The scarves were well received. Eventually, it occurred to Joel and I that Sherlockians elsewhere might like to have some of these scarves, so we created a "line" of scarves with Sherlockian motifs, including the Speckled Band scarf, the Empty House scarf, the Sign of the Four scarf, and others. We bought an ad in the Baker Street Journal and sent out an advertising mailer to a few clubs and scions. There were a few responses, so we expanded our product "line" to include such things as a "battle at Reichenbach sweater jacket" and a "Speckled Band bell rope." Even though we were never swamped with orders, there was sufficient interest to render the required work more than we could handle by ourselves.

    At about the time the work load started to become unmanageable, some creators of other Sherlockian products (lapel pins, books, monographs, art work, etc.) started to become aware of our existence and contacted us to see if we could help them market their items, too. Very slowly, and very selectively, we began to market such articles for others. Even though we do still create many items ourselves (e.g., wearing apparel, a Sherlock Holmes decorative banner, the famous "John Bennett Shawls" awarded at Minneapolis last year, a hand-carved deerstalker, a new book, etc.), we focus more on the marketing aspect, and our contact with Sherlockians and their products continues to grow even now. This is not only a pleasure for us, but, we think, an advantage to the global Sherlockian Community.

    You see, as "brokers" for all matter of items, we have created a conduit of communication among Sherlockians all over the world. Now people who would never have known each other are not only aware of each other's products, but more importantly, they are aware of each other! Joel has had articles published in a Japanese journal; a woman in Vermont is donating a unique painting of Mr. Holmes to the Sherlock Holmes' Practical Preservationists' library in St. Louis; small-run and privately-published Sherlockian books appear not only on the pages of our publications but on the shelves of a few specialty book stores; a Canadian author has had the opportunity to have his work distributed as a "book on tape"; lapel pins from England and Spain wind up in Japan and California; and on and on. Consequently, we think of our Classic Specialties organization as more than a purely commercial enterprise. We feel we have created communication channels among Sherlockians which would not otherwise have existed!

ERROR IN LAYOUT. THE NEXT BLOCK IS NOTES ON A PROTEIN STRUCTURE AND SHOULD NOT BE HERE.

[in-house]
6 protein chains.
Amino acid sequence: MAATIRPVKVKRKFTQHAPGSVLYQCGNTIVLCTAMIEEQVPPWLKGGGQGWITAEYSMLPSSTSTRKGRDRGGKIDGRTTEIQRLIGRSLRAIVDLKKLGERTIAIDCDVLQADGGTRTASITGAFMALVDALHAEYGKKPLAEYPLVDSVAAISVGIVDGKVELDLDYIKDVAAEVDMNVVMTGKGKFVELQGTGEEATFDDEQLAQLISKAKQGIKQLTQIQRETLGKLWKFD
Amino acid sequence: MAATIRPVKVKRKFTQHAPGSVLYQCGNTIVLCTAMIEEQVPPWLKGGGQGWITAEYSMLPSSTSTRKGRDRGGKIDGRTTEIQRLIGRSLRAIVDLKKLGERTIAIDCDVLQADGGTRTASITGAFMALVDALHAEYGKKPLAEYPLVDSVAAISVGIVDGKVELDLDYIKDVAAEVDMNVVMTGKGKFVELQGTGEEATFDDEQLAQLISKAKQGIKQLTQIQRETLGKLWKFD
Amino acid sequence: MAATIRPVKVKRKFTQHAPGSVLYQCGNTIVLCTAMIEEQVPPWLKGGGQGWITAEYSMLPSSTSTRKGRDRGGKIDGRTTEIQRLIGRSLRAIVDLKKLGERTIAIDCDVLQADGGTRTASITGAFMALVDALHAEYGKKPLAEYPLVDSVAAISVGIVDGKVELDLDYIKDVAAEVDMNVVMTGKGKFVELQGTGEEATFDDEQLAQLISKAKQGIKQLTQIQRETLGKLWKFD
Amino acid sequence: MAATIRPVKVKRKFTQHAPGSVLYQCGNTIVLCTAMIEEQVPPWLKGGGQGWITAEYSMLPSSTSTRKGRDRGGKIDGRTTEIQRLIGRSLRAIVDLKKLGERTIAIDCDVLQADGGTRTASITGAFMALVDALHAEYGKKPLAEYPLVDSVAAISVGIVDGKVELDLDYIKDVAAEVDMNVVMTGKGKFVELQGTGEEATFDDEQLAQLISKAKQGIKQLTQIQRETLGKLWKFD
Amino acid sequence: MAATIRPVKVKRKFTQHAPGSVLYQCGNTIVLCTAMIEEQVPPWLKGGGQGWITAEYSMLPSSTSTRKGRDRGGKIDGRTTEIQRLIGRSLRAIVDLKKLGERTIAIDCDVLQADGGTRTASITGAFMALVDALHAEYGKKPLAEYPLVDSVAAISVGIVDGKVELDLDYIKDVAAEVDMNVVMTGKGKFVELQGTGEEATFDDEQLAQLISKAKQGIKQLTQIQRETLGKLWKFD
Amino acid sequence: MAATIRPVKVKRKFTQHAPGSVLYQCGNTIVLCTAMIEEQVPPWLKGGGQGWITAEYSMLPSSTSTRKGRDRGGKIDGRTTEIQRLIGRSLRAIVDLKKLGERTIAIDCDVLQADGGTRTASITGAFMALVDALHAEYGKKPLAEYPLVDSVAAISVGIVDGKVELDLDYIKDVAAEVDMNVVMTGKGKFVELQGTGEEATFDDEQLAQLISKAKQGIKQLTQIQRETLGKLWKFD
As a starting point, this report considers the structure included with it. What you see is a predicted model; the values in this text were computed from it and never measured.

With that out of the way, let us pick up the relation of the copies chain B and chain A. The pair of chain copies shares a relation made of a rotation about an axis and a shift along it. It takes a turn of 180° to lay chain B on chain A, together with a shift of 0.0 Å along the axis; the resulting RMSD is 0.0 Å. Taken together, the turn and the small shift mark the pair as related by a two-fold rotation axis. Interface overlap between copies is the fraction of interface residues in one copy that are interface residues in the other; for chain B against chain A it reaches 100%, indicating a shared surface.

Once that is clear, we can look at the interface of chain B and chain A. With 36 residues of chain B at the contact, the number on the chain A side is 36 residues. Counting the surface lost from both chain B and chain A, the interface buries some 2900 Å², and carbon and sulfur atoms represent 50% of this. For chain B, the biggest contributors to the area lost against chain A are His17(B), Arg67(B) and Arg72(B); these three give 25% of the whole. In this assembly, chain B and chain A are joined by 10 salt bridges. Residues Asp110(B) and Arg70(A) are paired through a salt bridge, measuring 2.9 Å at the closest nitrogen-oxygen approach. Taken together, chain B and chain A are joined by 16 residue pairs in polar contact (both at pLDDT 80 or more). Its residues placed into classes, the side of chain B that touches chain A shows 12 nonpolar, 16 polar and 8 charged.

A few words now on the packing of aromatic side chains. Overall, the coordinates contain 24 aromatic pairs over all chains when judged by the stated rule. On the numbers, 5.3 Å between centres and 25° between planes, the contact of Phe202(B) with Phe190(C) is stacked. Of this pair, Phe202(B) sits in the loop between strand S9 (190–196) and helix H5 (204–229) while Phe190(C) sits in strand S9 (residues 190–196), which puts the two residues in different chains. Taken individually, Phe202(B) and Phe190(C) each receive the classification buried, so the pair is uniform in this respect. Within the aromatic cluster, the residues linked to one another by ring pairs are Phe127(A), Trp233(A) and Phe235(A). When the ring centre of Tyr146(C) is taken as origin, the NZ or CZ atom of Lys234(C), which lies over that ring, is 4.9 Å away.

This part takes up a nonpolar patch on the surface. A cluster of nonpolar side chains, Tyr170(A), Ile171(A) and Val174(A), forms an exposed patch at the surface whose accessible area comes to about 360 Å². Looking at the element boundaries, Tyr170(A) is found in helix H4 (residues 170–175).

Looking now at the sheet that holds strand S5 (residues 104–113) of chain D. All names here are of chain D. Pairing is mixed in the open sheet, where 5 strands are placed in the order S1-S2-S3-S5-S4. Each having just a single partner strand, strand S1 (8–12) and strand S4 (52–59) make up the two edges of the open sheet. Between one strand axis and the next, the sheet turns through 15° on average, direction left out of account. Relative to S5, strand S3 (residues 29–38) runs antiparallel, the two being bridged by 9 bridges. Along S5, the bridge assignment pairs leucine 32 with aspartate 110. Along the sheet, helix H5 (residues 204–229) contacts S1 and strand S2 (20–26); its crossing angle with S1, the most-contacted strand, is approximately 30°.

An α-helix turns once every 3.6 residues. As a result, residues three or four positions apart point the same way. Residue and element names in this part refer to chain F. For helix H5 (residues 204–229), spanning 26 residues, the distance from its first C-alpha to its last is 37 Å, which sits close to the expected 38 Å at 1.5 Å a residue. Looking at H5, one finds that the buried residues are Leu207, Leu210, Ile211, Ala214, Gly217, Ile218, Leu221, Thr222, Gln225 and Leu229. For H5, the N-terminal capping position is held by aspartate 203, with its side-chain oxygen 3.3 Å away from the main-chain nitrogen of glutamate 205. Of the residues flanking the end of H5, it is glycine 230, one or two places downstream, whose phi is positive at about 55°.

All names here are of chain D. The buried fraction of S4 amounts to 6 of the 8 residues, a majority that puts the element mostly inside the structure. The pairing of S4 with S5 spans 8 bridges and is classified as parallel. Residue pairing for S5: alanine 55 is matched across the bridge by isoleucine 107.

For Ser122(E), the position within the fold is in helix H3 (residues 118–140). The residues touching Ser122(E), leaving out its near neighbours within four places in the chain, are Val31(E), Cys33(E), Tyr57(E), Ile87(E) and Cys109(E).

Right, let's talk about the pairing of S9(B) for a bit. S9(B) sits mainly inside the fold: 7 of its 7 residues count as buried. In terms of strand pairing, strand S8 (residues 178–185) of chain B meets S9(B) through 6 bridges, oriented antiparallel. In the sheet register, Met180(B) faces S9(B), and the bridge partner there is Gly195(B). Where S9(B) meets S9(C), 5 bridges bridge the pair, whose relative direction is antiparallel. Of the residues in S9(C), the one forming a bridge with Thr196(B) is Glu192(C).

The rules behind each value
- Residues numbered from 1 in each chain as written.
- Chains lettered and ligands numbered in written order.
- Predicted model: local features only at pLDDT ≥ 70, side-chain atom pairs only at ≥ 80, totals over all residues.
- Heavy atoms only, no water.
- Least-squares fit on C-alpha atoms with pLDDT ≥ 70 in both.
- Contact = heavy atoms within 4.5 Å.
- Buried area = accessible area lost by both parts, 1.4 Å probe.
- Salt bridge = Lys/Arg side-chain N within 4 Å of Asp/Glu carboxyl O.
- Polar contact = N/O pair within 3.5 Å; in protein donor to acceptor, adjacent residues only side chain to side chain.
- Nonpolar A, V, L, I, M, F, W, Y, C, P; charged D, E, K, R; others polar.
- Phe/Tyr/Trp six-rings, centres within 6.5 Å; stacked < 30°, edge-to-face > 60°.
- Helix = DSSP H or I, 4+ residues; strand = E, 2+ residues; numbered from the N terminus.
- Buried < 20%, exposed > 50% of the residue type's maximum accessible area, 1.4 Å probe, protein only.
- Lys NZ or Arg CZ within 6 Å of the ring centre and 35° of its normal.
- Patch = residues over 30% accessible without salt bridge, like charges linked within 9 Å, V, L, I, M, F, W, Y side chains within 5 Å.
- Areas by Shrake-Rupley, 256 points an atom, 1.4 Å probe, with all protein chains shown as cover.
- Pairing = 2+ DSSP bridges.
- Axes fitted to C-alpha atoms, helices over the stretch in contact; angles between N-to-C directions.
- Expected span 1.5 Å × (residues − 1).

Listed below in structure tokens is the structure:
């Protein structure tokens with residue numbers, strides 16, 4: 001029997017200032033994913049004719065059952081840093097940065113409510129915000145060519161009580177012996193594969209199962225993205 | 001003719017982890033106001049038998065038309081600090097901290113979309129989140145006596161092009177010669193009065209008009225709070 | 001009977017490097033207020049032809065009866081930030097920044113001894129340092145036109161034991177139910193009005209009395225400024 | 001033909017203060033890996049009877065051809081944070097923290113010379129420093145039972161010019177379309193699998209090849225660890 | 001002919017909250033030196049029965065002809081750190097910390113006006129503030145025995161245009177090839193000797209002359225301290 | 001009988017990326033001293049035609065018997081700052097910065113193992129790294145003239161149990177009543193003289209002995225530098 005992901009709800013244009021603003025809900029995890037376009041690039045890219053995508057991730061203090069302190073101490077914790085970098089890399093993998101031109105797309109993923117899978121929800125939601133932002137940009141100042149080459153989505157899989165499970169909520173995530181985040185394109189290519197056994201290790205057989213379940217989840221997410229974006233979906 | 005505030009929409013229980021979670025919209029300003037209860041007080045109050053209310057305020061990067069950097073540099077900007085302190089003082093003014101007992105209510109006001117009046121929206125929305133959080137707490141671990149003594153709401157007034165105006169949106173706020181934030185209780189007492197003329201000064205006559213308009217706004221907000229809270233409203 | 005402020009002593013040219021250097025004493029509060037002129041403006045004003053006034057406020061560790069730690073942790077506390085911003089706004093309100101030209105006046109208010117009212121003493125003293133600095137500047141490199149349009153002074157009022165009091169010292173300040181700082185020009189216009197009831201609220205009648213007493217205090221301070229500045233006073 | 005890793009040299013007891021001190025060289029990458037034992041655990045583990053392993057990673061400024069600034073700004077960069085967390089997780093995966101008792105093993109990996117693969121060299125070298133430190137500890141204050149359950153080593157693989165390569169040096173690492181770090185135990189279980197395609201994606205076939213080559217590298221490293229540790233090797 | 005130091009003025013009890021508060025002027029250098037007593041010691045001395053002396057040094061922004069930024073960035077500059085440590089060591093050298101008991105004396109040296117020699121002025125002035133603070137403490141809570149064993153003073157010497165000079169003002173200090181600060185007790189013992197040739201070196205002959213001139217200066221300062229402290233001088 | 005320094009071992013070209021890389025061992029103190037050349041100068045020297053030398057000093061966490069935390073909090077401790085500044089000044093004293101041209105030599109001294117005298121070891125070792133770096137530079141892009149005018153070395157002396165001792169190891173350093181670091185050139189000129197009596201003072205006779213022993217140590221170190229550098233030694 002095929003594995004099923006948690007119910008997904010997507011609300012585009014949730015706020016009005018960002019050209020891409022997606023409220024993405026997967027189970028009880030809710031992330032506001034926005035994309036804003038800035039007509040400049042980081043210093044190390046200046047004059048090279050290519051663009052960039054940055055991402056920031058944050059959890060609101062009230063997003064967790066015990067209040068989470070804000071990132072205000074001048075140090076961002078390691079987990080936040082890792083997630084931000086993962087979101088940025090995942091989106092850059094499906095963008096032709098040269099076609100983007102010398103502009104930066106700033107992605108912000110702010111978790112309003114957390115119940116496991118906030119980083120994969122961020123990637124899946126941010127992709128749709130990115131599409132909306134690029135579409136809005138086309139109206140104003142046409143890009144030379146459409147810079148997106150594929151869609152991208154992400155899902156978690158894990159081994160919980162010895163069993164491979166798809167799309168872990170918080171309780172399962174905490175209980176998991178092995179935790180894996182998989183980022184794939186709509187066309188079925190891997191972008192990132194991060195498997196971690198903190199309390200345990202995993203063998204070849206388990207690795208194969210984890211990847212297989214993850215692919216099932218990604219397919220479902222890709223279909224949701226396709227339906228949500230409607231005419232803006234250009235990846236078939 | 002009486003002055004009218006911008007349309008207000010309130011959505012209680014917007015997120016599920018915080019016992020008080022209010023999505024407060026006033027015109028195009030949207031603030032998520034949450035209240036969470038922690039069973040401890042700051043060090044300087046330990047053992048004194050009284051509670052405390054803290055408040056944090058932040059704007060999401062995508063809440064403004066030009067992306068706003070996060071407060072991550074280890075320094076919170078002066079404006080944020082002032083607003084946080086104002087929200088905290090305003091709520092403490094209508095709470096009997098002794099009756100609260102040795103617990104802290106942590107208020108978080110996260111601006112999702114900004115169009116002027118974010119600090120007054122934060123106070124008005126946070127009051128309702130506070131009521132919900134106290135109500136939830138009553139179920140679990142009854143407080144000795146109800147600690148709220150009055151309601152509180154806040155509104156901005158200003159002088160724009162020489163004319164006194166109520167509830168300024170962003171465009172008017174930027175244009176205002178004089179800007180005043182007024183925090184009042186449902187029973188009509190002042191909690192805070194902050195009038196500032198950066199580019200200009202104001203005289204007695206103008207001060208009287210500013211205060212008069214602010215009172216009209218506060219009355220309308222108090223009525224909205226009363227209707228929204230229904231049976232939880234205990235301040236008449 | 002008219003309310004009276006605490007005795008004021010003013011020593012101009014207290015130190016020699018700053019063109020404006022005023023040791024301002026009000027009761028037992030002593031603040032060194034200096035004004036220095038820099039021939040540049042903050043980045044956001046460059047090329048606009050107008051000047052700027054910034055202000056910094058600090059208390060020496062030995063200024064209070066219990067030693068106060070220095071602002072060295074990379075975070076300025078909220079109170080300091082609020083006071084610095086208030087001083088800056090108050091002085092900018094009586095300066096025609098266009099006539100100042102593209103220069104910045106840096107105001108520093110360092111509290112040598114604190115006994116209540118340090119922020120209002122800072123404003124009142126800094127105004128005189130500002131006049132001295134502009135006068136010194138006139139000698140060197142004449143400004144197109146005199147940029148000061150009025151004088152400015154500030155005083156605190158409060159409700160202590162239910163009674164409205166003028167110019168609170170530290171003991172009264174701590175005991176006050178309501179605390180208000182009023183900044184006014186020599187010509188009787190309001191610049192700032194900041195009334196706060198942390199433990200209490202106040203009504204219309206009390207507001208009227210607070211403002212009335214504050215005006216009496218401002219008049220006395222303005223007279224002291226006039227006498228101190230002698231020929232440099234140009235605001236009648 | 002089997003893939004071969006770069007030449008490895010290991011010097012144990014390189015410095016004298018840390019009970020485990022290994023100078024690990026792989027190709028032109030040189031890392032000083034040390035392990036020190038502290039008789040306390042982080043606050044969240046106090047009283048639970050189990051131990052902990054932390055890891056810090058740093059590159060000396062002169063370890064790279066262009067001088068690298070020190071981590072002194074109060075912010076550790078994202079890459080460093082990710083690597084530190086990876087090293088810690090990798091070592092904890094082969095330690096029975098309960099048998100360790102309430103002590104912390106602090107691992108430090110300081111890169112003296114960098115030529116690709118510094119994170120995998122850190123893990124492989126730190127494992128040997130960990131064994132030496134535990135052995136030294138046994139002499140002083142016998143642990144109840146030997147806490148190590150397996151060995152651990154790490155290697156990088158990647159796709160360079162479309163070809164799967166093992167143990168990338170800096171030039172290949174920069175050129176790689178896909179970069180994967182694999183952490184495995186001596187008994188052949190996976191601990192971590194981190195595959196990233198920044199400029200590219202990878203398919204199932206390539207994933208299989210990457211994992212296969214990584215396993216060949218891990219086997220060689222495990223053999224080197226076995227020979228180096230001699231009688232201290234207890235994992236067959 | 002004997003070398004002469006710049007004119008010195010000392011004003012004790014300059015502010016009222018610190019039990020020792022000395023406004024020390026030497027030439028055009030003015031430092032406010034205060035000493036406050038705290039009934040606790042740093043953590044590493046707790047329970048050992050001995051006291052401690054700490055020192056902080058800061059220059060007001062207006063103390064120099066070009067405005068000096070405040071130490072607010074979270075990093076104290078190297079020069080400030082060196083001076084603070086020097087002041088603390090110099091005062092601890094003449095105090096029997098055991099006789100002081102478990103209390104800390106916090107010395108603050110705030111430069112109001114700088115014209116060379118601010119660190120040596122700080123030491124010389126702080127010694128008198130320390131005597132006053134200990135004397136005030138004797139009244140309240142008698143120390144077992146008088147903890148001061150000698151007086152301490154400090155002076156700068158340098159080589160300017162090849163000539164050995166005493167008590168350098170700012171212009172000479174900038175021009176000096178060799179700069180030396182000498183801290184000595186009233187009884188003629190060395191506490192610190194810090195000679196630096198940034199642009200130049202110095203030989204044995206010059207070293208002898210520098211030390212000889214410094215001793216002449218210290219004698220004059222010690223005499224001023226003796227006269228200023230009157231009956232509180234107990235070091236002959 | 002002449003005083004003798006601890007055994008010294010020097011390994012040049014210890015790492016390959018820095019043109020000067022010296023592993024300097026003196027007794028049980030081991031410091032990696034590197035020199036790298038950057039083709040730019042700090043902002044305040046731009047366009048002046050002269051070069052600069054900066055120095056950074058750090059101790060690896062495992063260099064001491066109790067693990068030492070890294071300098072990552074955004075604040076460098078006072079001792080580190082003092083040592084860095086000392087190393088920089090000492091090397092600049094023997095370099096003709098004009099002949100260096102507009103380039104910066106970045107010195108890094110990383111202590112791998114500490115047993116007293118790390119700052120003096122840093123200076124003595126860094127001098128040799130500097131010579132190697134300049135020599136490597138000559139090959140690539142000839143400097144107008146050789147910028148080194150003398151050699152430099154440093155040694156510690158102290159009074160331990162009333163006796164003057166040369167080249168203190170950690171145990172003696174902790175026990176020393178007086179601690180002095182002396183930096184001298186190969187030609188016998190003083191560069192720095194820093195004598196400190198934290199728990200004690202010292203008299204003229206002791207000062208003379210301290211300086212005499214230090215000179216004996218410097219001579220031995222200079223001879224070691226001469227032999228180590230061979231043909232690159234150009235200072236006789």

So that's pretty much the story. We hope that this answers any questions you might have had and that we haven't bored you with more information than you really needed. We did want to say, however, thanks to Bill Nadel, BSI.

    Very sincerely yours,
    Carolyn and Joel Senter
    Classic Specialties
    (sherlock@sherlock-holmes.com)

    PS: As long as this Web site exists, we plan to include a new feature article of interest to Sherlockians every month or so. We personally wrote this first article as a vehicle of introduction (both for us, personally, and our enterprise) directed mostly to our new CyberFriends. In the future, we hope to be able to offer articles authored by other Sherlockians from all around the world. If you have a short article which you think might be of interest to other Sherlock Holmes fans, we would be pleased to consider it for inclusion in this Web site.


    Copyright © 1996 by Classic Specialties
    P.O. Box 19058
    Cincinnati, Ohio 45219
    <sherlock@sherlock-holmes.com>